10. Doctor Morbius

    Doctor Morbius Member

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    What you want a treble bleed volume circuit. Don't bother with the PIO caps. Orange drop or some other brand of metalized polypropylene is better and will cost less.

    http://www.mojotone.com/guitar-parts/Guitar-Capacitors/Volume-Mod-for-Guitars#.VQTHzC59t_E

    Here's a 0.022 uF film cap with 3% tolerance for 84 cents. This is what I have. You're not likely to find a more suitable capacitor with better specs. I know for a fact the ESR on a PIO cap is going to be much higher than this cap offers.

    http://www.mouser.com/ProductDetail...EpiMZZMv1cc3ydrPrF%2bsu0%2bUU4qEg9Wdz6SRHC6o=
     
  11. Doctor Morbius

    Doctor Morbius Member

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    In regards to PIO caps, they aren't just overpriced. They are inferior in every way. No electrician worth their salt would ever recommend them.
     
  12. gulliver

    gulliver Member

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    I built one of these to hear the difference ... there really isn't much of a difference and, of course, there is no difference when the knob is on 10. IMHO ... Just use the industry standard for the type of guitar you're using.


    [​IMG]
     
  13. Ron Kirn

    Ron Kirn Gold Supporting Member

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    the cap is inexpensive, the mod is easy, do it... you'll never know unless you do so.

    Ron Kirn
     
  14. darkphader

    darkphader Member

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    Another possibility: you may have a pot that's way out of spec. I recently rewired a used Heritage that I picked up, one pot was around 480k, another about 200k, and the other two were around 80k. Check those puppies out with an ohmmeter.
     
  15. Ron Kirn

    Ron Kirn Gold Supporting Member

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    good point and often overlooked, old OEM vintage parts don't get better with age, old electronics only get older.... Jee, I have something in common with old pots... :worried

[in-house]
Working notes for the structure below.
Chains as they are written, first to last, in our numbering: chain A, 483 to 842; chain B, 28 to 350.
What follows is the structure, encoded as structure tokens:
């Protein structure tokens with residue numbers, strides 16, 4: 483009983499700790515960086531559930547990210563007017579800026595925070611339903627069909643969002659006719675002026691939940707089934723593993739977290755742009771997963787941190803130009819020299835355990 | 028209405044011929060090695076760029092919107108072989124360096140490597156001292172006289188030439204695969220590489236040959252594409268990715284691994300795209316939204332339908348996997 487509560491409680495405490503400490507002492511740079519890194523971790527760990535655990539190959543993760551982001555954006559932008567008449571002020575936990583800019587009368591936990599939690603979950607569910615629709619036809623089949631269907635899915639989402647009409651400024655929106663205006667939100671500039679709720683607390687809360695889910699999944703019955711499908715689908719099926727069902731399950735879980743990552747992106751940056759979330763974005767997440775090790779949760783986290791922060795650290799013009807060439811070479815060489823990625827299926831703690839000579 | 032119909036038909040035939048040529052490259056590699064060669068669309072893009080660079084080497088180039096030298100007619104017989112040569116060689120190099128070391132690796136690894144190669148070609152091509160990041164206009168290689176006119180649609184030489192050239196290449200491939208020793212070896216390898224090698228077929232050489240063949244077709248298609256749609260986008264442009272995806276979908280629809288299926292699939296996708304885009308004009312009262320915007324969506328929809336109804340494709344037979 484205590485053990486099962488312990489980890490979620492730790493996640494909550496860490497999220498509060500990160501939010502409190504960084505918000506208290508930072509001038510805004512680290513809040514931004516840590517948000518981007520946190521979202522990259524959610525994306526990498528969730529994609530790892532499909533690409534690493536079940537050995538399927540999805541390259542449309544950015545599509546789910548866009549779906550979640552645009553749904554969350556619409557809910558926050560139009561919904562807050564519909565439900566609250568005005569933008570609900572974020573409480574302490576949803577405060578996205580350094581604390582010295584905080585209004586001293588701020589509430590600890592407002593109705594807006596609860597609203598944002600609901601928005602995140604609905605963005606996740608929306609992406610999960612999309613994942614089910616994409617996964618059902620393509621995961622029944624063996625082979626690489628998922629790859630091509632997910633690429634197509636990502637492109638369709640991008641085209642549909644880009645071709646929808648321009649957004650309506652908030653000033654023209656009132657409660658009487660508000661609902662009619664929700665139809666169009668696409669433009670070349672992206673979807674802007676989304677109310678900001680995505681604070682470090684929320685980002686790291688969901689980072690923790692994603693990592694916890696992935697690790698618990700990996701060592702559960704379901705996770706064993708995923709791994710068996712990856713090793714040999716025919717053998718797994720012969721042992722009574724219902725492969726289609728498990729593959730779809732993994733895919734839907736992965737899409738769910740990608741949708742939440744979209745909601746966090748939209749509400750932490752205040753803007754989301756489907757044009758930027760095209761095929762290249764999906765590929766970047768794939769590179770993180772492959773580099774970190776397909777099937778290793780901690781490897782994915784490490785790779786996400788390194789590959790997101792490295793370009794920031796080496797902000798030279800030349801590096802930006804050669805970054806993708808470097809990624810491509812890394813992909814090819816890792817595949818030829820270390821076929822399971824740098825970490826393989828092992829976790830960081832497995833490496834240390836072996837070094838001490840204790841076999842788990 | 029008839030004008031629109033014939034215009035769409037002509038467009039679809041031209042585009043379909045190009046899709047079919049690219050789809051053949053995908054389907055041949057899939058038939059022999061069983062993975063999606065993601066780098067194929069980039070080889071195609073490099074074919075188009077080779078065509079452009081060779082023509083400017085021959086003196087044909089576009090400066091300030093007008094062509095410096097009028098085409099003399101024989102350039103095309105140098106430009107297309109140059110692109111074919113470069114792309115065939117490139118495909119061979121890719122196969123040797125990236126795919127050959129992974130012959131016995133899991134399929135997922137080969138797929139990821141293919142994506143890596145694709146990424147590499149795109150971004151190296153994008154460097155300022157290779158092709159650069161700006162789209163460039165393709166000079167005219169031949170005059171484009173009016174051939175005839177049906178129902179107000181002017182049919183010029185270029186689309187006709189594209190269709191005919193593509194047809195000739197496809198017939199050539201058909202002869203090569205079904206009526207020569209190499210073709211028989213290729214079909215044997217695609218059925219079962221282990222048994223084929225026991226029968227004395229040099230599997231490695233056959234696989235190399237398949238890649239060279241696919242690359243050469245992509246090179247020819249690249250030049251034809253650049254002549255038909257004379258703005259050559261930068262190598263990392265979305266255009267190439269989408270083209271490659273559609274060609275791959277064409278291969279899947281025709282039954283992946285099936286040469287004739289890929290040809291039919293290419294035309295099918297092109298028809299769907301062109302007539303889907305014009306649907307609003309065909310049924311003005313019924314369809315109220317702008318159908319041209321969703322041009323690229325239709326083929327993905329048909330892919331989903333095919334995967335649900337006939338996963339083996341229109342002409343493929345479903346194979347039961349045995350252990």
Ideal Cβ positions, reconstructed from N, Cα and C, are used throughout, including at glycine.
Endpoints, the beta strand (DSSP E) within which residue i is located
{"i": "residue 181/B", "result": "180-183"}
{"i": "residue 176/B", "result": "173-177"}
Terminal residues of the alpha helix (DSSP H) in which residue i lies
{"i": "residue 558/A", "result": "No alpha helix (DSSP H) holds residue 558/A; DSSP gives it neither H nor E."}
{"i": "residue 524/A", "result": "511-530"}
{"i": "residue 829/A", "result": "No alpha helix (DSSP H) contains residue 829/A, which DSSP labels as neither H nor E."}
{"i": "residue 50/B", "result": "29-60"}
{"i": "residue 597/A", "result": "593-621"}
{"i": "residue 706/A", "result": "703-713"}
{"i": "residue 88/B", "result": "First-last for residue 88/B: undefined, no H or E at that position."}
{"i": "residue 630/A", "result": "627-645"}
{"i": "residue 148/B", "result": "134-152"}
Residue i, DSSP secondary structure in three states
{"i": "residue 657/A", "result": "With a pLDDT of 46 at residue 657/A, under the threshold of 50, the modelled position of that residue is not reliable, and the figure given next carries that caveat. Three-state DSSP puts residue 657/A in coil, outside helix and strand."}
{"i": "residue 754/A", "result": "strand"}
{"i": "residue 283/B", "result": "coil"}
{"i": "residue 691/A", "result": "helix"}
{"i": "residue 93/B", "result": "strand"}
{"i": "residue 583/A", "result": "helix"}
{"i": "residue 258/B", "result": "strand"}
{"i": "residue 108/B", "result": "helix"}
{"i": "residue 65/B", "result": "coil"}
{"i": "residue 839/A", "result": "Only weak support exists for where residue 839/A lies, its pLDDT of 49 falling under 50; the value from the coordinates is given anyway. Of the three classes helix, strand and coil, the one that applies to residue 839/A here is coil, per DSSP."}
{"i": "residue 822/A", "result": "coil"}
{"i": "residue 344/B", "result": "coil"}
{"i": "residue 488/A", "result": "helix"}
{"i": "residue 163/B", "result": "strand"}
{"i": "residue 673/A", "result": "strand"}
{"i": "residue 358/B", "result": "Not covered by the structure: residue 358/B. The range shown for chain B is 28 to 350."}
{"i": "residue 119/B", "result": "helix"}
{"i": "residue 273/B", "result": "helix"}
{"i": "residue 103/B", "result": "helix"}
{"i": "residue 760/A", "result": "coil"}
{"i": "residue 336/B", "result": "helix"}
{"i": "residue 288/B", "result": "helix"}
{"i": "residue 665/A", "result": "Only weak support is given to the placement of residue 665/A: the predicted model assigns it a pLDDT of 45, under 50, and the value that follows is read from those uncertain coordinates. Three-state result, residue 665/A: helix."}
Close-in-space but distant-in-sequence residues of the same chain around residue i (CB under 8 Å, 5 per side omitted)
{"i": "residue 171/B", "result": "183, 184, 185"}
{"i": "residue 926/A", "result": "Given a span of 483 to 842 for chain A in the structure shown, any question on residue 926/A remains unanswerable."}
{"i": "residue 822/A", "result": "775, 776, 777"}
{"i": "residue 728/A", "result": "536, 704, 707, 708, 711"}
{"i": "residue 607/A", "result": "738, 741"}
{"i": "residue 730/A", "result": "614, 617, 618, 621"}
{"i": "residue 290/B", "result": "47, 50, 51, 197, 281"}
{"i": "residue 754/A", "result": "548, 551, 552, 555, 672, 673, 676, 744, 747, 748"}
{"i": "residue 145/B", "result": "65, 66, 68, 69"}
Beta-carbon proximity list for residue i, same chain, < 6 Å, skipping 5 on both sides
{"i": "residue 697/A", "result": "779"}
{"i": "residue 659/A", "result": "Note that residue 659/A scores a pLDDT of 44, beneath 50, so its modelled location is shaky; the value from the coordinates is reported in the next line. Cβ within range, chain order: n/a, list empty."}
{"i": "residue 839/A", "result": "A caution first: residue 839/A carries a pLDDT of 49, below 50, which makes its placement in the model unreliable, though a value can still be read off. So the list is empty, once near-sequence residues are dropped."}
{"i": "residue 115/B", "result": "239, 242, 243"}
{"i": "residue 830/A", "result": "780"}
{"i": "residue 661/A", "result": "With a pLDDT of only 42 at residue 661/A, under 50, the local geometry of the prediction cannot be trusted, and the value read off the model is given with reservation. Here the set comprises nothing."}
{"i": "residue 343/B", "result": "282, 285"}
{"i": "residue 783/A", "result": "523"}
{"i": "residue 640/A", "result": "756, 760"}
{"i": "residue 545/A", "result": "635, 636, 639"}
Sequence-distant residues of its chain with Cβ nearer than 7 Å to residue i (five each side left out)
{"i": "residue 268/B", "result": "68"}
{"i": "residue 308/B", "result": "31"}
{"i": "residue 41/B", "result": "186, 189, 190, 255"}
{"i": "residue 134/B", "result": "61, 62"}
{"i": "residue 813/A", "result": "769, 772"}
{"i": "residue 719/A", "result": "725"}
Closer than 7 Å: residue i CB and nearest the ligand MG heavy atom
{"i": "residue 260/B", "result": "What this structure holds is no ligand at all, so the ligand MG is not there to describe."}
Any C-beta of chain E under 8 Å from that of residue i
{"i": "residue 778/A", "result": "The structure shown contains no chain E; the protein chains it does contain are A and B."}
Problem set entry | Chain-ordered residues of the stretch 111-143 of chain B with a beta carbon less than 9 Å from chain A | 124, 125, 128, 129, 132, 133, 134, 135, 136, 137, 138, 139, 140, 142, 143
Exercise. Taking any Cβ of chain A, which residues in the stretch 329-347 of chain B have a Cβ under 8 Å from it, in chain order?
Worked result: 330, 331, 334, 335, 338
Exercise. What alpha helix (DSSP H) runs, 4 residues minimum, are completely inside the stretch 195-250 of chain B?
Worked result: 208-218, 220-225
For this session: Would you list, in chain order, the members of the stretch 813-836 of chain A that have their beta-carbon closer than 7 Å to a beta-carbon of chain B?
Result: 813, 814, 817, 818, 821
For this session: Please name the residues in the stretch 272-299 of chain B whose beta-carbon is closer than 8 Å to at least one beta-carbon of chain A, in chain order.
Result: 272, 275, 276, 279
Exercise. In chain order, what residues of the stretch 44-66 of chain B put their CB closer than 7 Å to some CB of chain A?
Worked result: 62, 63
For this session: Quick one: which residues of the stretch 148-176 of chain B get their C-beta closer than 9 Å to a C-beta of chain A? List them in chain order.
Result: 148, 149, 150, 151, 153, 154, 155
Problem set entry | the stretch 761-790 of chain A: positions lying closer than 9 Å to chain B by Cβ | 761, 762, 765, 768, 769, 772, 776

rk
     
  16. GloryJones

    GloryJones Supporting Member

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    Pots are definitely 250k.
     
  17. GloryJones

    GloryJones Supporting Member

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    Update:

    I swapped the caps, so it's got a .022 orange drop. The guitar is suddenly very trebly. It's really shrill at 5 and above. With the tone knob around 4 it sounds normal. Any thoughts here?
     
  18. Seegs

    Seegs Member

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    Clear pictures of the wiring and your soldering job would be helpful...
     
  19. TheoDog

    TheoDog Silver Supporting Member

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    If you switched from .047 to .022 and it made that much of a difference, track down a .033 or .039.
     
  20. buddastrat

    buddastrat Member

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    That's odd. .022 is the norm for modern strats. But most strats aren't shrill even with tone on 10. On some the bridge can be a bit ice picky. I don't know how you went from real bassy to shrill, tho'. I think a .022 rolls off more subtle than a .047. As you go down from "10". So a .047 will get darker faster. If I remember right.